Tuesday, 28 July 2009
Back in January 2009, Ofcom and Samknows released the first part of the report into broadband speeds. The map on page 9 worried a few folk about geographical distribution, in particular to highlight the growing problems in rural areas....so....
We phoned Samknows to ask why there were seemingly very few routers being placed to test speeds in known rural crap and notspots eg Cumbria, Lancashire, North Yorkshire and Northumberland. Our concern was that the data set would be skewed by the lack of inclusion of such results, particularly given the prevalence of extremely long lines in such areas, which rarely exist in urban situations. By not including such places, there would be a continuation of the failure to gather:
a) accurate hard data about the reality of the situation in rural broadband Britain
b) a higher than expected average speed for the UK as a whole, skewed by urban connections.
Those involved in the trial were chosen from online panels etc to give a broad, representative picture of the UK. We found it hard to see how bordering on zero respondents from rural northern England could be 'representative', and were promptly sent 5 units to attach to rural northern broadband lines. We asked for more to bring rural Britain data into the picture - 200 would have been great, giving rural and remote at least a 10% involvement in the survey. Samknows asked Ofcom and Ofcom said, "No."
We asked if the rural data could be separated out from the urban data to give average rural speeds compared to urban speeds, so that a clearer picture would emerge of rural connectivity problems. Apparently this was not possible either, although there is a short section on p.45 showing how rural vs urban compare from the existing respondents.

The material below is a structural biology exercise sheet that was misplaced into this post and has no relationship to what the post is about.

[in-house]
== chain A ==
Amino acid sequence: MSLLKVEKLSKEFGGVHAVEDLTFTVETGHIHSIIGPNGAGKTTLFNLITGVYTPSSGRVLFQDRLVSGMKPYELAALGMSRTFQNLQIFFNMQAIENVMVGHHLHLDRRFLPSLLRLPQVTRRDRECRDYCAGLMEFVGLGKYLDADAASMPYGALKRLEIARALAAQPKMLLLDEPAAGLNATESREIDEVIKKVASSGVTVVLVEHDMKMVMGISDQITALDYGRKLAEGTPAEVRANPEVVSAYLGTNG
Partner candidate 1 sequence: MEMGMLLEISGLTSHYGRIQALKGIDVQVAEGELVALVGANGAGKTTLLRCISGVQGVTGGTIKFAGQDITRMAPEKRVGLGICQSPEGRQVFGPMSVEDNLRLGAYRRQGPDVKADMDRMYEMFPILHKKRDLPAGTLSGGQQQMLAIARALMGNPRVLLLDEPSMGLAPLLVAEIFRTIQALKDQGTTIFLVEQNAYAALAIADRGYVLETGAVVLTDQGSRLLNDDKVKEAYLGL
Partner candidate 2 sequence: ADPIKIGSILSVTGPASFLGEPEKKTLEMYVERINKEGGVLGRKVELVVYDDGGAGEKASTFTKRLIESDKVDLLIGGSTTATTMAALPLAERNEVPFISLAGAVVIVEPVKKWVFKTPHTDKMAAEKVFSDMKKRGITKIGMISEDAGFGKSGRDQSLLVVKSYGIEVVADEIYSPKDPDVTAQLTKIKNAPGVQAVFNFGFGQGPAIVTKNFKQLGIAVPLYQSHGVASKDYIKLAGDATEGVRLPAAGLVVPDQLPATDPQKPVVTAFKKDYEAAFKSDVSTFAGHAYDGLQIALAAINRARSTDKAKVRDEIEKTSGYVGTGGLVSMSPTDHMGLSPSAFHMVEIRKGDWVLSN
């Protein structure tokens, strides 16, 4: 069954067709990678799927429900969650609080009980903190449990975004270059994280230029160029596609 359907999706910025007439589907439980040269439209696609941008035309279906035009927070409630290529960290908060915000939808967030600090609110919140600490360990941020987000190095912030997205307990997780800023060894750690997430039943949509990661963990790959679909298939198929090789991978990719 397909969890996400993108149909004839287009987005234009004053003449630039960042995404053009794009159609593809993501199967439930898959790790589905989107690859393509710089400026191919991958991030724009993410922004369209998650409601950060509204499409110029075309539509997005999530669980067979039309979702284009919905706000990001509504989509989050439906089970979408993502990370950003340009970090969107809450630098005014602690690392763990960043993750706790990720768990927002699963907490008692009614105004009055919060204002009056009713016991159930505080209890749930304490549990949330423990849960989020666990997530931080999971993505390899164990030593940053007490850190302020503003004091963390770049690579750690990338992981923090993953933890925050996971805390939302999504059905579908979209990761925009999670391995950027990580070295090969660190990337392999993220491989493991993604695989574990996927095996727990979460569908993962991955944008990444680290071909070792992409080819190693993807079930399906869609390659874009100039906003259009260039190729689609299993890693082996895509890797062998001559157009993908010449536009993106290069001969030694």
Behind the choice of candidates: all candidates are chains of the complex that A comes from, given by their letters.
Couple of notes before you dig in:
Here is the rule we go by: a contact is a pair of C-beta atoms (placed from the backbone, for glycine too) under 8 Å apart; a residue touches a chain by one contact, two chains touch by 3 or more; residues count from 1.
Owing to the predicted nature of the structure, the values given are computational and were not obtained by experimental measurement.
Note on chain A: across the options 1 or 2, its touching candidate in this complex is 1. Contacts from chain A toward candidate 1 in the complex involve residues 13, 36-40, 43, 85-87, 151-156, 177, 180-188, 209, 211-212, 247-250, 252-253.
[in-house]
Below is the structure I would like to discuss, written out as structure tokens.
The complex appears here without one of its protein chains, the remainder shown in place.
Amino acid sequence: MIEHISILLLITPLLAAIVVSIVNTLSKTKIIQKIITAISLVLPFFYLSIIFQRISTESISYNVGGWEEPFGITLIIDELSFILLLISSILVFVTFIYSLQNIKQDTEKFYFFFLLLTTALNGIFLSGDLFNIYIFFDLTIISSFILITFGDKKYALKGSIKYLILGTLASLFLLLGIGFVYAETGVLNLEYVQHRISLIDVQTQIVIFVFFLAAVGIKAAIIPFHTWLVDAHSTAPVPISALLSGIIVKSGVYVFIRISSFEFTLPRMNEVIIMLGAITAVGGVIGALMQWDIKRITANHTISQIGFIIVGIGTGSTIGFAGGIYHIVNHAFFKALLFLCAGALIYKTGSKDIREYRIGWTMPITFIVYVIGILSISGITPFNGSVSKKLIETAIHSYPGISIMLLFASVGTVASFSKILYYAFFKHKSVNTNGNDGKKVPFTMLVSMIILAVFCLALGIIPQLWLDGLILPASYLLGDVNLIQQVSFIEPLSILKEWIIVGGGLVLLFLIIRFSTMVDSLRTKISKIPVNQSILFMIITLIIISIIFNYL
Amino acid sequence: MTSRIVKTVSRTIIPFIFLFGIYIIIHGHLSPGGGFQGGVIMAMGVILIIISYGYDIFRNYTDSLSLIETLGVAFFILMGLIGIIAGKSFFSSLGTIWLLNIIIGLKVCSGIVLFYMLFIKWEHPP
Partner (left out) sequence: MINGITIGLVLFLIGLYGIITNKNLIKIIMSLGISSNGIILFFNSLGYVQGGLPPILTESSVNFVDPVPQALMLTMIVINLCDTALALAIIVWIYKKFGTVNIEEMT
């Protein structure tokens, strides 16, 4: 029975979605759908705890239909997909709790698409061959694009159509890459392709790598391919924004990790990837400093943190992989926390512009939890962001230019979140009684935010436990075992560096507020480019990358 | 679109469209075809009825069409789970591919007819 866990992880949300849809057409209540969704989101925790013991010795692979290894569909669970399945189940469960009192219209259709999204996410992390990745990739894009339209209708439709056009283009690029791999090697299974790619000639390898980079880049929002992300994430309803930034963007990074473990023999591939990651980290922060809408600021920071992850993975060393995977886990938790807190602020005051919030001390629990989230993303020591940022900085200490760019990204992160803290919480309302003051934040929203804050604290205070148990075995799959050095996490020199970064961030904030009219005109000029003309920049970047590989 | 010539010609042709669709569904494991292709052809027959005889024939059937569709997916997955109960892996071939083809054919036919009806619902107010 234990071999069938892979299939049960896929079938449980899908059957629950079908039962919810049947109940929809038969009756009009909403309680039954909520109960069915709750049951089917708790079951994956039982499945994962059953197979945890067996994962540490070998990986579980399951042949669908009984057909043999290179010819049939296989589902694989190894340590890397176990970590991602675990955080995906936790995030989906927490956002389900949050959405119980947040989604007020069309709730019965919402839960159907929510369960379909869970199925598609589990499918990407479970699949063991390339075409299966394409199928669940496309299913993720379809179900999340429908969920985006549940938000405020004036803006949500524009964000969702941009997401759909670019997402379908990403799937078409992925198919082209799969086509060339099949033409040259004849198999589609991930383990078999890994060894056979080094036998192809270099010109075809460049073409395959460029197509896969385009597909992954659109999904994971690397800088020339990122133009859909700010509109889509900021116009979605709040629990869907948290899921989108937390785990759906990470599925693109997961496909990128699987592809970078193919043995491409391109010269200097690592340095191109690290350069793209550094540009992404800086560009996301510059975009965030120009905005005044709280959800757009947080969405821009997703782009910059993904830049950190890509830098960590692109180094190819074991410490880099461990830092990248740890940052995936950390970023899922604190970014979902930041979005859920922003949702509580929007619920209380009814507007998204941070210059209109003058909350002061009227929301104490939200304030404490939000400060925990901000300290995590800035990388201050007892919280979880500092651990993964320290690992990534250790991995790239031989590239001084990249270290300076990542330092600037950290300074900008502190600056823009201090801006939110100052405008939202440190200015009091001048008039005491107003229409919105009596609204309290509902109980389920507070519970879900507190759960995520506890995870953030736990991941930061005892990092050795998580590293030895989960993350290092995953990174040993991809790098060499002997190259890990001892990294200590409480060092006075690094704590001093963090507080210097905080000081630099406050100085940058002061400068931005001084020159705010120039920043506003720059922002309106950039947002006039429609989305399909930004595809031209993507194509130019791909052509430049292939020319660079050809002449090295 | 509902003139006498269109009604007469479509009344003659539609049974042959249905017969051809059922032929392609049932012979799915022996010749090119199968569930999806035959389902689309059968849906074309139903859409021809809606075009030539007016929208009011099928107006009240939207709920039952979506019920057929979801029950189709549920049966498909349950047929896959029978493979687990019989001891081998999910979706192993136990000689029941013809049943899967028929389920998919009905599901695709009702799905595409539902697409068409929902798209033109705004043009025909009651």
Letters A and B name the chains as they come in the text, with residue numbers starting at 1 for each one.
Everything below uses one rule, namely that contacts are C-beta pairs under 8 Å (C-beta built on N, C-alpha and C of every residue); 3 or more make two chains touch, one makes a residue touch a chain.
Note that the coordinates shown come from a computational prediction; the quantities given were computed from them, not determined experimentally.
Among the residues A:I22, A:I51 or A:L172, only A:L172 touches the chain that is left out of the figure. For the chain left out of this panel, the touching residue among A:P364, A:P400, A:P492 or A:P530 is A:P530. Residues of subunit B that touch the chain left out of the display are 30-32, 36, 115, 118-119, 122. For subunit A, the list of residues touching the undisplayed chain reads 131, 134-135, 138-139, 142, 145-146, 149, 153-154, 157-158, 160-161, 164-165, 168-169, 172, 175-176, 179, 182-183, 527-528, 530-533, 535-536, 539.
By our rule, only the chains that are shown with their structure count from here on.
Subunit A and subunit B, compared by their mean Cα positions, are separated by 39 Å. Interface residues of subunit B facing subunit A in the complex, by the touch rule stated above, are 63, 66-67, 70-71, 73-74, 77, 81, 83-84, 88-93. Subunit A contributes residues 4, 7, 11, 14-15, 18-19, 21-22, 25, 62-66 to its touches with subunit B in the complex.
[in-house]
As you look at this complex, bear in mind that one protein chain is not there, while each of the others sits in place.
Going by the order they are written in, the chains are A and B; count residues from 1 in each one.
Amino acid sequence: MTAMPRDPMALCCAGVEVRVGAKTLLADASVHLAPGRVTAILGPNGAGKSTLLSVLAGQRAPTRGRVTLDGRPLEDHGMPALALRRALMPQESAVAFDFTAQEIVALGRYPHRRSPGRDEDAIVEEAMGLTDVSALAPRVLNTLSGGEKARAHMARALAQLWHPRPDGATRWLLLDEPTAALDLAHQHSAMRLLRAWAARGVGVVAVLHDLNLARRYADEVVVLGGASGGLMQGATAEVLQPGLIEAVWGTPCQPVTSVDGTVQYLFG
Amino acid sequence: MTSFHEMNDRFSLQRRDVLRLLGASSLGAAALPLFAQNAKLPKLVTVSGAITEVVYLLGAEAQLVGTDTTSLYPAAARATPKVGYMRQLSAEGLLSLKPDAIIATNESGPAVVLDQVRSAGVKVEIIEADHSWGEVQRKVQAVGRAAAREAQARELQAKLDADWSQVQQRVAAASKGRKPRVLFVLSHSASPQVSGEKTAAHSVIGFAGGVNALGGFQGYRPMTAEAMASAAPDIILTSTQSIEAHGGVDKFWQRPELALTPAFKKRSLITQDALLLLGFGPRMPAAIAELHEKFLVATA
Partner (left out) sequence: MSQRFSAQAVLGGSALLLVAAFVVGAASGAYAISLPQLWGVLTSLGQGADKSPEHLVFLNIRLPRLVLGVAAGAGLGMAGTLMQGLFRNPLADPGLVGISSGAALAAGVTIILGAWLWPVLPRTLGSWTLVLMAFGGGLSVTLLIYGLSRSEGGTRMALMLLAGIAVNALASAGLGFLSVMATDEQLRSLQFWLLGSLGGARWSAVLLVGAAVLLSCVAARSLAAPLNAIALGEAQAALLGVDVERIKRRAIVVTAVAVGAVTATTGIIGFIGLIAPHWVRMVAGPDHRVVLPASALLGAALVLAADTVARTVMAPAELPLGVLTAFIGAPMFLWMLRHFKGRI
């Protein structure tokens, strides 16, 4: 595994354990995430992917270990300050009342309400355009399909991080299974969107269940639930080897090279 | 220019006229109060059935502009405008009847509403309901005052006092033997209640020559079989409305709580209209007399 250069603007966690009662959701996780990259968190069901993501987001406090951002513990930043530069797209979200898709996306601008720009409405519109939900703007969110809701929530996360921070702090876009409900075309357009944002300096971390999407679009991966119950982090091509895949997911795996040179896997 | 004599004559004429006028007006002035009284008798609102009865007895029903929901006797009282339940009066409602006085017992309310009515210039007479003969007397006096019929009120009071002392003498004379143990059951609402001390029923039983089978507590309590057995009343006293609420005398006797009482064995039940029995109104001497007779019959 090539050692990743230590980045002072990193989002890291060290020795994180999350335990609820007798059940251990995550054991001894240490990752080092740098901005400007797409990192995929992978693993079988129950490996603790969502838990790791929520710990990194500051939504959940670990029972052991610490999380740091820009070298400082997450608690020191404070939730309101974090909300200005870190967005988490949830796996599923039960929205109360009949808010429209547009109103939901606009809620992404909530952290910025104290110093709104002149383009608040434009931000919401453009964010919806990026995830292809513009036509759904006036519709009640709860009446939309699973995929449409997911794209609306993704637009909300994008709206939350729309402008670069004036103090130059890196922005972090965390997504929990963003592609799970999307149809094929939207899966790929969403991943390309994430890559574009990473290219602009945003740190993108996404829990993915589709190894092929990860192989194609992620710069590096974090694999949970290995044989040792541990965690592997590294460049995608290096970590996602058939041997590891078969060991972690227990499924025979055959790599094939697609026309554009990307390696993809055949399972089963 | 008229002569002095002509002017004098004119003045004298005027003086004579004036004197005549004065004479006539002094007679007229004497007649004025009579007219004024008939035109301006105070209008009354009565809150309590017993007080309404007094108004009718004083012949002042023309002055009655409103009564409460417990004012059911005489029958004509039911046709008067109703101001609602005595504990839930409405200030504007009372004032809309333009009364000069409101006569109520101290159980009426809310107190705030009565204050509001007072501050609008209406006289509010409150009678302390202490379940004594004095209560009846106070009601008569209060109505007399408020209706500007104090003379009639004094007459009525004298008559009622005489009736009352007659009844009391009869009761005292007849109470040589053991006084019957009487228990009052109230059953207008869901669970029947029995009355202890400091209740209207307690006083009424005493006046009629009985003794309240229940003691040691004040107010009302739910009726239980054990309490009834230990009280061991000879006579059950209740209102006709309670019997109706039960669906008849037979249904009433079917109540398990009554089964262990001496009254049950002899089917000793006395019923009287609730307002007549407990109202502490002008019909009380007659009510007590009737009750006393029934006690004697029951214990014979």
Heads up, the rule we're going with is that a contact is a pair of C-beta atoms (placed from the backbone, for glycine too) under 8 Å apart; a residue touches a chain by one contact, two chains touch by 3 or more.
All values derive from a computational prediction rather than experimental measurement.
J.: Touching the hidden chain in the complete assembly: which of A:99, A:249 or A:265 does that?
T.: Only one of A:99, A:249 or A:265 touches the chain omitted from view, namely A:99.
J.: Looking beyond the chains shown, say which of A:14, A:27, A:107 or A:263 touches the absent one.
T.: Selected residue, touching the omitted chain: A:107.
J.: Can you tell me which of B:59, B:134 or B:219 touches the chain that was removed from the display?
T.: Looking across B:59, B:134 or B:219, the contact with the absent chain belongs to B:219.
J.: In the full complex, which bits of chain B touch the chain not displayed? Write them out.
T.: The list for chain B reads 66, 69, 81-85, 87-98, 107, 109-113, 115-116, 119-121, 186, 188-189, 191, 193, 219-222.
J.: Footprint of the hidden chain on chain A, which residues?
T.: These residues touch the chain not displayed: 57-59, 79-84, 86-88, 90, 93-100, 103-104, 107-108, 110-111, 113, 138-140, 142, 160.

Whilst it may well be that additional weighting has been given to rural, as well as regional etc factors, without a suitable number of people in known rural crap/notspots and on long lines taking part, the figures can only be misleading.
The only comprehensive and hard data about what rural lines are capable of with regard to broadband speed, how many rural people can/cannot get broadband, line lengths etc is available from BT. Who declare this data is a matter of commercial senstivity. We contend that the data is a matter of public and national importance for the social and economic well-being of this country, and should be released to Ofcom and the public so that the true position is known and wise spending decisions can be made.
Therefore, we ask Ofcom to:
A) Produce comprehensive urban vs rural data from its existing data set AT THE EARLIEST OPPORTUNITY.
B) Show average connections by line length from this data set
C) Accept this "stakeholder consultation" on point 1.17 (P. 11 of the latest report into broadband speeds) - to add more northern rural testers, known long lines and crapspots into the next survey.
D) Conduct a similar survey of remote and rural households and businesses ONLY as a matter of urgency.
We believe these are reasonable requests in order to establish precisely how widespread the problem is in rural areas and to direct funding exactly where it is needed.
Posted by Cybersavvy UK at 15:02